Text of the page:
Pain becomes suffering when its message is ignored
Although painkillers appear to bring relief and improvement in a horse’s condition, their indiscriminate use may not be the most intelligent means to furthering health and well-being.
It has become easy to relieve pain and inf lam-mat ion with present-day drugs. Phenylbutazone is the one most commonly used in horses due to its moderate price, effectiveness and availability.
Painkillers interrupt the chemical pathways that carry out the message of pain in the body. They are remarkably good at their job. However, my experience is that the pain is delivering a message from the body. The body is asking for care and attention. Simply eliminating the pain does little to touch and understand its cause.
At best it may be the catalyst which allows the cause of pain to be recognized and changed. Pain does and can leave on its own when its cause is addressed. Do not confuse pain with suffering – pain becomes suffering when its message is ignored.
Here’s an analogy. The smoke alarm in your house goes off. You do not call the fire department. You simply deal with the smoke alarm by disconnecting its wiring. You have deluded yourself into thinking you will have a nice day, but you won’t. The relief is temporary. The smoke alarm is telling you there is smoke.
Investigating the cause of the smoke is your next best action. Perhaps it is your toast that is burning or perhaps faulty electrical wiring in the basement has resulted in a fire. The smoke alarm is not unlike pain which calls attention to trouble that is brewing. It is not the trouble itself. After all, you put the smoke alarm in for your own safety.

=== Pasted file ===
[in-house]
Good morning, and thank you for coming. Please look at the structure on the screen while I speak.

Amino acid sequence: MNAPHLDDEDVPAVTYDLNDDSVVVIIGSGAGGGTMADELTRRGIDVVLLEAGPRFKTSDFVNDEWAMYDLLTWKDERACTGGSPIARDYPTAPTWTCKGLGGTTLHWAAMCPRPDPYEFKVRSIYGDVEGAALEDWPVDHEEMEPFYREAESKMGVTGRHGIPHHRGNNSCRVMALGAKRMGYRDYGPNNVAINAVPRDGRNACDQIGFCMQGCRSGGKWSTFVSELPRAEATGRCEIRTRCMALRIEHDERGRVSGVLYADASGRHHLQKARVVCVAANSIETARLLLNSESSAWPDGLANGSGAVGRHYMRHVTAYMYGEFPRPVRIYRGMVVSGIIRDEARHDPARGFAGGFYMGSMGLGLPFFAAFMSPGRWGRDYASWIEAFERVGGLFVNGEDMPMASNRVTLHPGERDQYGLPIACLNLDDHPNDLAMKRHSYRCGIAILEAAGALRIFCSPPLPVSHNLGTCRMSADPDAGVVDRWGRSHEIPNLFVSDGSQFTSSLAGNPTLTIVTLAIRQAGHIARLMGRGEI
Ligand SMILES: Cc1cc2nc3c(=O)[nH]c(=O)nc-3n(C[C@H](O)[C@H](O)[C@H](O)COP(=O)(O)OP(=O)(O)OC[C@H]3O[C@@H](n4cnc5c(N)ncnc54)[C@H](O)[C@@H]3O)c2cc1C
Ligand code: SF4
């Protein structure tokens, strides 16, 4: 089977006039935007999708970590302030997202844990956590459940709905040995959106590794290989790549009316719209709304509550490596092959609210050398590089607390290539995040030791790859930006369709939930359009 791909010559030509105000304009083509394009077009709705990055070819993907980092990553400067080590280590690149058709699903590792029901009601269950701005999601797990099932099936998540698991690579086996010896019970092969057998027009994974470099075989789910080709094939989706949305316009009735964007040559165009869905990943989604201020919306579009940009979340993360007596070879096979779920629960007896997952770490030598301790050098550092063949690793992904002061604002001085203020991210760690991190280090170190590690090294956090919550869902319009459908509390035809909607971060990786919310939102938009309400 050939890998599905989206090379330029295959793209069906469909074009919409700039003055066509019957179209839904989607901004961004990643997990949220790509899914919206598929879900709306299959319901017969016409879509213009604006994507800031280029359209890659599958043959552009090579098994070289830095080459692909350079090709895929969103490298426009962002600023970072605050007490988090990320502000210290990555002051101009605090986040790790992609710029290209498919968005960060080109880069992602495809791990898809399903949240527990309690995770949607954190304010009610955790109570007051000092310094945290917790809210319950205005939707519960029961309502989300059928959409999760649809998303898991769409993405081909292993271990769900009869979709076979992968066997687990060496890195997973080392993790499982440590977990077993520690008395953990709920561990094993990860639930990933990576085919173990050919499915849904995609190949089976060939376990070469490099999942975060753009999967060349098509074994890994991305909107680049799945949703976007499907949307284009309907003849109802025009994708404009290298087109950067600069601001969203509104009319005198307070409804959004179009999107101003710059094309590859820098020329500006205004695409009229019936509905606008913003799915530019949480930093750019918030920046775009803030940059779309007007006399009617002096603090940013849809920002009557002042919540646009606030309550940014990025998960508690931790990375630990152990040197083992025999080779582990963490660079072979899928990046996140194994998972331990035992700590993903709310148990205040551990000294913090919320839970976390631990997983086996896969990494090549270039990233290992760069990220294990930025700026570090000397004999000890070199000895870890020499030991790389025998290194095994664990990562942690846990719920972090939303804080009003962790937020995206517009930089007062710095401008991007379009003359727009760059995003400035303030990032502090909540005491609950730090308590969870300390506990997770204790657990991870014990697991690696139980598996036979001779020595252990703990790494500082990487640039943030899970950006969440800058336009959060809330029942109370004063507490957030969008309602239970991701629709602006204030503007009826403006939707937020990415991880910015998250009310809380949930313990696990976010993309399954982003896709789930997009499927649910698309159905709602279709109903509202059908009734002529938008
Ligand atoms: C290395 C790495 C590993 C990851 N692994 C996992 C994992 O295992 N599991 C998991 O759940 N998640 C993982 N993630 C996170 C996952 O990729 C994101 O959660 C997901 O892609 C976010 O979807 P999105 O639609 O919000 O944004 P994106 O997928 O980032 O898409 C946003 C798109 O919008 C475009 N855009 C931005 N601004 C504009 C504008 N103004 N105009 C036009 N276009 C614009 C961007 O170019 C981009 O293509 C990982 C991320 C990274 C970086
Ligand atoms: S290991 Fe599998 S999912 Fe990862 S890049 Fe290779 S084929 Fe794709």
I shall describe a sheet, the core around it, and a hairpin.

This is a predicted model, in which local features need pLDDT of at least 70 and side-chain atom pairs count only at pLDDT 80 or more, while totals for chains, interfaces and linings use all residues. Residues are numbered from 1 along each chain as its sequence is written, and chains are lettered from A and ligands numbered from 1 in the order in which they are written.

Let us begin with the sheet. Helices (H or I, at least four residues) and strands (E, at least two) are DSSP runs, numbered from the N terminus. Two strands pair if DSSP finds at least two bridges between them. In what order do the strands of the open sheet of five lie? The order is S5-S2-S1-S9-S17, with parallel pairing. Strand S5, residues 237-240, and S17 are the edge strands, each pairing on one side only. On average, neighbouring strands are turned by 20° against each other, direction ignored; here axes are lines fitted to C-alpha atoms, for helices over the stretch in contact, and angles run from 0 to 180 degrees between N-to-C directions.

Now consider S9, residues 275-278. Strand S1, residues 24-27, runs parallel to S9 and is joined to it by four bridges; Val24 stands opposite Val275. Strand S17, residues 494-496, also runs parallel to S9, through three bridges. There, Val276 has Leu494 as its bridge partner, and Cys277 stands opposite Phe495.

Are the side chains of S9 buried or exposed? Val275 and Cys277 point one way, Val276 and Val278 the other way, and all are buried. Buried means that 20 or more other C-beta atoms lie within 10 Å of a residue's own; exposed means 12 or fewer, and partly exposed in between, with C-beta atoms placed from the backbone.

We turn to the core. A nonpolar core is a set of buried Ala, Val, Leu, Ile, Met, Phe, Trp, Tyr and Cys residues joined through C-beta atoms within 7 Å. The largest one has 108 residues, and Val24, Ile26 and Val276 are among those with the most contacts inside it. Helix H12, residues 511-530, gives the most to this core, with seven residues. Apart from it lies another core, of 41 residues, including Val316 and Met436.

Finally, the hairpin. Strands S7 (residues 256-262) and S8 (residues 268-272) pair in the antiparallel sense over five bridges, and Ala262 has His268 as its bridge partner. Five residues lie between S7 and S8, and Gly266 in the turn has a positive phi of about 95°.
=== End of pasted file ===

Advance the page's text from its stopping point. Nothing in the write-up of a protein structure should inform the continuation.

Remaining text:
Pain is a highly evolved means of communication from within the body. The message can be as simple as rest – do not use whatever is hurting for now, not forever and ever, just not for now.
Horses that have col ic may need dietary or lifestyle changes. Once these changes are integrated into their lives, the colic leaves. Horses that listen to their pain message may limp and as inconvenient as that limp may be it is valuable if not instrumental in the horse making intelligent choices in taking care of itself. Nature tends to restore health in the most expedient and kindest of manners, whether or not we are aware of it.
Of course painkillers do have their place in healing. Horses that are relieved of pain rest comfortably and eat well. These too are valuable to restoring health. Combining pain management with mindful attention to the cause of the pain brings refreshing answers to pain relief in horses. These new answers may lie in dietary adjustments, lifestyle changes, and horsemanship awareness.
Understanding the message in pain allows its cause and purpose to be recognized and addressed. In this way pain is managed in a manner which effects changes that truly benefit the horse and the people whom care for them.